Oct

4

2010

Stranahan’s Whiskey: The Long Missed Learning Experience 

Stranahan's Whiskey BarrelI feel like I’m already at a pretty nice saturation/steady state as far as beer knowledge goes. I don’t feel the need to deliberately seek out new information, at least. Sure, the occasional new concept comes up, but as most of the developments in craft beer over the last couple years have been recombinations of existing themes (Belgian IPA, anyone?), I’m now able to have a relaxing beer life, unburdened by the task of having so much new stuff to learn and free to just enjoy the stuff.

It’s satisfying, but the thirst for learning continues, so where to next?

I’ve been a fan of whisk(e)y since before I was allowed by the powers on high to drink it, but I’ve only recently started taking the time to dissect my drams the way Mel and I pick apart every pint and dish that settles in front of us. Unfortunately, my knowledge of whisky is still lacking. What’s the process? How does one drink it properly? Is it spelled with an “e”? I won’t indulge the cliche and discuss that last part, suffice to say that as I’ll be talking about an American distillery here, that “e” will be present.

Thus far, my only exposure to good whisky has come from Scotland. Because of that, I quickly gained a bit of a prejudice against American whiskeys, a prejudice that Stranahan’s, a small distillery hidden on the outskirts of Denver, CO, was fortunately able to break. Americans, it turns out, can make one hell of a whiskey when they want to.

Stranahan's Whiskey StillWe took an enlightening and informative tour of Stranahan’s distillery the day before the member’s session at GABF. I’d forgotten how much appreciation I could gain for something I enjoy just by finding out how it’s made. As I would do the process a grave injustice by paraphrasing (distill some unhopped beer, drop it in a barrel, come back in a couple years), I’ll leave that story for the experts, but after seeing how much hands-on care this little distillery affords its precious barrels of nectar, I have a newly found admiration for the skill of a trained and practiced distiller.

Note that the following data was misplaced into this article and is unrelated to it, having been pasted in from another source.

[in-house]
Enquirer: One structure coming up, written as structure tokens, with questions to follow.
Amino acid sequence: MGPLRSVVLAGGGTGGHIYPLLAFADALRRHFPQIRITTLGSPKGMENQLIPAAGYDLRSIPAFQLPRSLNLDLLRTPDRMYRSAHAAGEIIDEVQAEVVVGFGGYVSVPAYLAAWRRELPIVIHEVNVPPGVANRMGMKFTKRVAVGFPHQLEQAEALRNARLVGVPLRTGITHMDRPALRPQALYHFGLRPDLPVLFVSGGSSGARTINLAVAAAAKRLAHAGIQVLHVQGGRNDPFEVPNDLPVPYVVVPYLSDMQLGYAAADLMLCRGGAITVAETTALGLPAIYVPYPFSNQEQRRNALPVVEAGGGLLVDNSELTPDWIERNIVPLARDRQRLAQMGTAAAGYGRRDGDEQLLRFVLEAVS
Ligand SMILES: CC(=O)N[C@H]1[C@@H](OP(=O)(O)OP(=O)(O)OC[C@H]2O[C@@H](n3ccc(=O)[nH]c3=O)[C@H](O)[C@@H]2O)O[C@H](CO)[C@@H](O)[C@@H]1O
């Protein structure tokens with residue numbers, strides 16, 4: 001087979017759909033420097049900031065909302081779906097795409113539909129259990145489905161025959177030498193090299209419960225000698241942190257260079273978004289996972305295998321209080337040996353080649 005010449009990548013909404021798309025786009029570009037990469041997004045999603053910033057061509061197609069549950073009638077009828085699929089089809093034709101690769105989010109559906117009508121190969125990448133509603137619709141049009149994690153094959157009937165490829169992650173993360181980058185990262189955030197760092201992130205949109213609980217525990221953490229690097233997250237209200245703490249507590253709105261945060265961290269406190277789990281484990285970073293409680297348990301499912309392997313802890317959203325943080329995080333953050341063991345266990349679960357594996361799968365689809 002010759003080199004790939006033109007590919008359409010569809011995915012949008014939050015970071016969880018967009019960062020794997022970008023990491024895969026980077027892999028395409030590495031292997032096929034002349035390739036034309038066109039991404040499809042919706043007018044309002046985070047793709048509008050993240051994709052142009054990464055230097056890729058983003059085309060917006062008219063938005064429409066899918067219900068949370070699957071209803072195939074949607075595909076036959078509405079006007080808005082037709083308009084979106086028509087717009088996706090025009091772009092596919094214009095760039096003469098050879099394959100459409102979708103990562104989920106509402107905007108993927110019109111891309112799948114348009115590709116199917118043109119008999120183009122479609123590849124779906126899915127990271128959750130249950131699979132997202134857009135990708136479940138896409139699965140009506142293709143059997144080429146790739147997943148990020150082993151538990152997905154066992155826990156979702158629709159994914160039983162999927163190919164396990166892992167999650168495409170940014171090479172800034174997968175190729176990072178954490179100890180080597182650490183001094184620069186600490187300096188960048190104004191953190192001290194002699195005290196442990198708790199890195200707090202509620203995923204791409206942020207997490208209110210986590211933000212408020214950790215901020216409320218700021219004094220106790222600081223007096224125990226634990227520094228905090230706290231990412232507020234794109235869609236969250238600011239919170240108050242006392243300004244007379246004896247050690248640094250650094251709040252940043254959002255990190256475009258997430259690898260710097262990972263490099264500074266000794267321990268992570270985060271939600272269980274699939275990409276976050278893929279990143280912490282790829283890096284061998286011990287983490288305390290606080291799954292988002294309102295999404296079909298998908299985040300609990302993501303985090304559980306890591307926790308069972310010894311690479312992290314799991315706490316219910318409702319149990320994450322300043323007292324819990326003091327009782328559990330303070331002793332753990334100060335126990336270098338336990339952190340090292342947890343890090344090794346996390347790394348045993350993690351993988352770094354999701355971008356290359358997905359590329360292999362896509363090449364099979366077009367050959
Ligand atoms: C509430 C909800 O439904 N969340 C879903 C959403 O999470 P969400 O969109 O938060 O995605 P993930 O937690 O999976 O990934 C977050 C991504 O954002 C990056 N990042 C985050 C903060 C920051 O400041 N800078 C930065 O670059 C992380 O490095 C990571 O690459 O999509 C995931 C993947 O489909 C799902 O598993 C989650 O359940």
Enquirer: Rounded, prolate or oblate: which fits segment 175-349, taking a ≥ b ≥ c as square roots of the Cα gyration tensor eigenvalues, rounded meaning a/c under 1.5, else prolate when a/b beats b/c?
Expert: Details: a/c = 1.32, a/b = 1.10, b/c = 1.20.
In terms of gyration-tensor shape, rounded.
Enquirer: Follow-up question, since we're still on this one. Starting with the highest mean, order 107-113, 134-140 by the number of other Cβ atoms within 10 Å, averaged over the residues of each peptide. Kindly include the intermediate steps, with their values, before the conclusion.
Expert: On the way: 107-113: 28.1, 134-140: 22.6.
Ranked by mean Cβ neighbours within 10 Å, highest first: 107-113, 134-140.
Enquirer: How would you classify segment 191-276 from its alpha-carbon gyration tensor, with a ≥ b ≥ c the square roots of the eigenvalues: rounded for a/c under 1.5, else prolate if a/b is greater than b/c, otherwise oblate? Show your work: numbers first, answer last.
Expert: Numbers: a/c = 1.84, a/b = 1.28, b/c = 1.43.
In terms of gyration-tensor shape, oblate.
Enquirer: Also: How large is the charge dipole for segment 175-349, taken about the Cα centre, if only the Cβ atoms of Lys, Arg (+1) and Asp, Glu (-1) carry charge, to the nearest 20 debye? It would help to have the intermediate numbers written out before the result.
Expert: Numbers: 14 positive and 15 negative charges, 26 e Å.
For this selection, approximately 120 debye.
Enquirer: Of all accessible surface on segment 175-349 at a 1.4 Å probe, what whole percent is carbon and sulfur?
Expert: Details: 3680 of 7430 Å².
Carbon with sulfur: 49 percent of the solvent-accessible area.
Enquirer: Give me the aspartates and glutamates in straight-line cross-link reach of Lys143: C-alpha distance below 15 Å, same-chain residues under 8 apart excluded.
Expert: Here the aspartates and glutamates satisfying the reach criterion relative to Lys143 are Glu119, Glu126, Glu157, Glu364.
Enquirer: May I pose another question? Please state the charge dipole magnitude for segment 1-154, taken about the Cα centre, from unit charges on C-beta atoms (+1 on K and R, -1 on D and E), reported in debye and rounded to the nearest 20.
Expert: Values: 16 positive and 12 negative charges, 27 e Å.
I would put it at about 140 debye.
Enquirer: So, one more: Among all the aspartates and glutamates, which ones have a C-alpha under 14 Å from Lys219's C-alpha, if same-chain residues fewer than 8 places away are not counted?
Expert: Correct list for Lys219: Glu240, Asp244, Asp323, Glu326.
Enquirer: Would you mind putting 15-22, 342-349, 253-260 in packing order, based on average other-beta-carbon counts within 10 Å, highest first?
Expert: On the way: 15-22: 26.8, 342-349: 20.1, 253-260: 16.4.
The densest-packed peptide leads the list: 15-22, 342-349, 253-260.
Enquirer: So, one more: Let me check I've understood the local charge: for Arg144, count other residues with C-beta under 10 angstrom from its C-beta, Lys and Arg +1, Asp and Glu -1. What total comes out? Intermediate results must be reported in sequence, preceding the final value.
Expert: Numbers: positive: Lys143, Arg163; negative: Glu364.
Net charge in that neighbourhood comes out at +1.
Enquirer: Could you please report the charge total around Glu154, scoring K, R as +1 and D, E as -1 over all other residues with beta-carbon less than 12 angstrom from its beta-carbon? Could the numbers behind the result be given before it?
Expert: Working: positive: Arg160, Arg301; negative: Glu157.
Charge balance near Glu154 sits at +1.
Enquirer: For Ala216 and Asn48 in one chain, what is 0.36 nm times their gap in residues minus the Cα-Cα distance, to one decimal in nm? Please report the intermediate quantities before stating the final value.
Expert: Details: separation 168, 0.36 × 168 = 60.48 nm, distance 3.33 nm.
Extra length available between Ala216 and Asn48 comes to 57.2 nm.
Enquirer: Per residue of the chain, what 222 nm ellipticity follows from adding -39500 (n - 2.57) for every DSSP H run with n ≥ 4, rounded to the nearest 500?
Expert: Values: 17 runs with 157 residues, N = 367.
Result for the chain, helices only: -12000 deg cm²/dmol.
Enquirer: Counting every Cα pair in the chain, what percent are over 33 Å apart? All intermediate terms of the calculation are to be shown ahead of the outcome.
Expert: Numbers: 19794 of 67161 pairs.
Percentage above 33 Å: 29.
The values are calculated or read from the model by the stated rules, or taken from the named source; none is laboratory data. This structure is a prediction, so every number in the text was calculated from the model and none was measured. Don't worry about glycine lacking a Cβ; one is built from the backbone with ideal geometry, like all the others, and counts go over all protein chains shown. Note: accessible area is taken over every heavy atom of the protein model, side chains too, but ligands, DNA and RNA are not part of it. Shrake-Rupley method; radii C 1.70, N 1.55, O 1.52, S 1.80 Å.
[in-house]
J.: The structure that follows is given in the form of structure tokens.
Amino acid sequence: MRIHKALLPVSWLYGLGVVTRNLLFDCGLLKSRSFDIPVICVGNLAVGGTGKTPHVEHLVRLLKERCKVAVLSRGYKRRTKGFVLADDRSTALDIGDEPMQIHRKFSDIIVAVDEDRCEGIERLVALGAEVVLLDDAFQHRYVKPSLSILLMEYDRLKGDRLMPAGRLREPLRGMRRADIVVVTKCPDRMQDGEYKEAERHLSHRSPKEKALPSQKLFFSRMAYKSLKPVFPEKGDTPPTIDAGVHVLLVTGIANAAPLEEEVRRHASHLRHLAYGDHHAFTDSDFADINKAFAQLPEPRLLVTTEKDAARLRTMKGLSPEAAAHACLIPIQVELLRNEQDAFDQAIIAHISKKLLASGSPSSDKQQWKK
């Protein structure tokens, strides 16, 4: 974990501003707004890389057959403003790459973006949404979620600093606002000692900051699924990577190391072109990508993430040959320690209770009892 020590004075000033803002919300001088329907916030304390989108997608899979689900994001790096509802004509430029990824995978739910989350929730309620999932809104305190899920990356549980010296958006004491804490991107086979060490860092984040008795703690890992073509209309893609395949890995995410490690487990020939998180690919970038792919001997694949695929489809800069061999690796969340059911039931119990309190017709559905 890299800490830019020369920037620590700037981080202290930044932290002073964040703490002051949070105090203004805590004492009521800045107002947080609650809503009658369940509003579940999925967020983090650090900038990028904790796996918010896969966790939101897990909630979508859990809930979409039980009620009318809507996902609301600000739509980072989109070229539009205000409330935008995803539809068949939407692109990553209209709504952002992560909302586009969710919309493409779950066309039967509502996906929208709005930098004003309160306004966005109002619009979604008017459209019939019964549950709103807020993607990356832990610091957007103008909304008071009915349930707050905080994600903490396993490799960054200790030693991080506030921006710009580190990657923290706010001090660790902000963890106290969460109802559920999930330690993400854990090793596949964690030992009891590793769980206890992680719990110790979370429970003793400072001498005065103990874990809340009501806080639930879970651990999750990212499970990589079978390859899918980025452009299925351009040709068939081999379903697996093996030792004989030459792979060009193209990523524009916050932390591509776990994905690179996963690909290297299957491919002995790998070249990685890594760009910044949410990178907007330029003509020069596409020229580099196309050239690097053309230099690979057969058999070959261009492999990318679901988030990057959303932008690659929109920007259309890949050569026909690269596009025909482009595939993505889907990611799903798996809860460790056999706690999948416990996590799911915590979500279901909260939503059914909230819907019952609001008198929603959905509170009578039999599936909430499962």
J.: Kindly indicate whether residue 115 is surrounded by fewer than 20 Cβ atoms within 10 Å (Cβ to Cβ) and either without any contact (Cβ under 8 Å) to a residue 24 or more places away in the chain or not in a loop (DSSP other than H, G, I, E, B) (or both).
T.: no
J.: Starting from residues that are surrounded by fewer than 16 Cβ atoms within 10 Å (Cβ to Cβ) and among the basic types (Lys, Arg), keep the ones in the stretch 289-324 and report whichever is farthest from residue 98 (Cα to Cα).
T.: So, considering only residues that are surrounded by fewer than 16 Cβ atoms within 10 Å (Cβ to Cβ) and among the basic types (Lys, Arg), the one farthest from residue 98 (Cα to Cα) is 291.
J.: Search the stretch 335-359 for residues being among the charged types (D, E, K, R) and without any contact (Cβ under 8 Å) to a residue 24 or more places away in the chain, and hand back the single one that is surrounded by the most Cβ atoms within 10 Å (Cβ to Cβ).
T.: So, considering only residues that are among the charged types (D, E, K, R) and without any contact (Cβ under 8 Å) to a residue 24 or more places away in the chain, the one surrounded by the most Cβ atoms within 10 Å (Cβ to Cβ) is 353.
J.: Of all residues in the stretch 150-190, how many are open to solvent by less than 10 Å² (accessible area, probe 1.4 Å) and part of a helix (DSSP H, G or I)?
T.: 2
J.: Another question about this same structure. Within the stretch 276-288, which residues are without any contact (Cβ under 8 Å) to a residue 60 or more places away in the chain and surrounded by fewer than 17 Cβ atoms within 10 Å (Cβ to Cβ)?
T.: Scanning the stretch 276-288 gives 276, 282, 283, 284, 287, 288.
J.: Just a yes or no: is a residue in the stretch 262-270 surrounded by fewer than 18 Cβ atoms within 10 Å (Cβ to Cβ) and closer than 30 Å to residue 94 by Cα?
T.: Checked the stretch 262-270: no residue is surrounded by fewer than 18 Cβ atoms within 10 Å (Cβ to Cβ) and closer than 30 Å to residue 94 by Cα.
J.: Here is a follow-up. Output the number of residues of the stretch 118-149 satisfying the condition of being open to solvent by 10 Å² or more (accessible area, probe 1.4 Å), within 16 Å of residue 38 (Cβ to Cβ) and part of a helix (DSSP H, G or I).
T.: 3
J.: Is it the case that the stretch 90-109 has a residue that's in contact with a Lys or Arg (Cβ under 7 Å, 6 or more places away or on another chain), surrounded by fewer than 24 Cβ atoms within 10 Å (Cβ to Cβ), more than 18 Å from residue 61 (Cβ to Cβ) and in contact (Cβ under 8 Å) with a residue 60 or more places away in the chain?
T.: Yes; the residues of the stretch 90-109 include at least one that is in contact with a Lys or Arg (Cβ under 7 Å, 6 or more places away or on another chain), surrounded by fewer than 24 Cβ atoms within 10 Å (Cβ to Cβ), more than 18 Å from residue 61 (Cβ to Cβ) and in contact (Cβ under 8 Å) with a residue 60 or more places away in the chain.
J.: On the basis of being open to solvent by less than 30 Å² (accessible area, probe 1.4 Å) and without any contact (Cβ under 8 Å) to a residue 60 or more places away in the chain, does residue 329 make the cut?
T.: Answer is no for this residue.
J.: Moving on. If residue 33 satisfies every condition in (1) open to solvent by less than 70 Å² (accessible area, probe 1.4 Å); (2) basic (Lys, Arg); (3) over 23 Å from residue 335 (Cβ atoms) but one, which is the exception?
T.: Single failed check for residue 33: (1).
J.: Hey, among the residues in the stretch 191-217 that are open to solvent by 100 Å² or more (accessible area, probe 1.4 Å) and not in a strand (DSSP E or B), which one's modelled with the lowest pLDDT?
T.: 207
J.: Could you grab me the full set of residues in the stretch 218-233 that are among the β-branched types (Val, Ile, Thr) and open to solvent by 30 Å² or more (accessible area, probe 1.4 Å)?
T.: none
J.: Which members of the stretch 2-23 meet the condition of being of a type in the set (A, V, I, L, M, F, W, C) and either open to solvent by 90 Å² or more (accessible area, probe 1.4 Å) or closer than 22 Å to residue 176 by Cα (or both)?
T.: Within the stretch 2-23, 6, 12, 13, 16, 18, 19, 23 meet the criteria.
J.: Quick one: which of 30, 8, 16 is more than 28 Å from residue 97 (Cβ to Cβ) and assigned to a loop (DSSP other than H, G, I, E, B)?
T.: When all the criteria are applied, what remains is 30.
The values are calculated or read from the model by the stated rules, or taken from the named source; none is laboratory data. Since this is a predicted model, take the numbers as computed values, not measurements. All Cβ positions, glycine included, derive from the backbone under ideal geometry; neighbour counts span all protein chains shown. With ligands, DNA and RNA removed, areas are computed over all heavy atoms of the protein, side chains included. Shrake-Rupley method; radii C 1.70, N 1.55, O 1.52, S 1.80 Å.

Stranahan's Barrel RoomAfter the tour, our guide Kristin brought us to a bar in the bottling room, where she passed out tasters and explained in detail how to taste whiskey: Part your lips when you smell it so you aren’t overwhelmed by alcohol vapors; Hold a small sip under your tongue to shock the alcohol sensitivity away; Add scant milliliters of water to bring out flavors you might otherwise miss. I was already able to pick up notes of apples and smoke, but after taking those tips into account, suddenly a new bouquet of tastes and aromas emerged. Banana. Cinnamon. Cayenne. This is what American whiskey can do? Why didn’t anyone say something?

Ray at Stranahan's Tasting RoomUntil our walk through Stranahan’s, I was a mere whiskey liker. With the knowledge (and the bottle :D) I left with, though, I think I’ve just found myself a whole new world to explore and appreciate.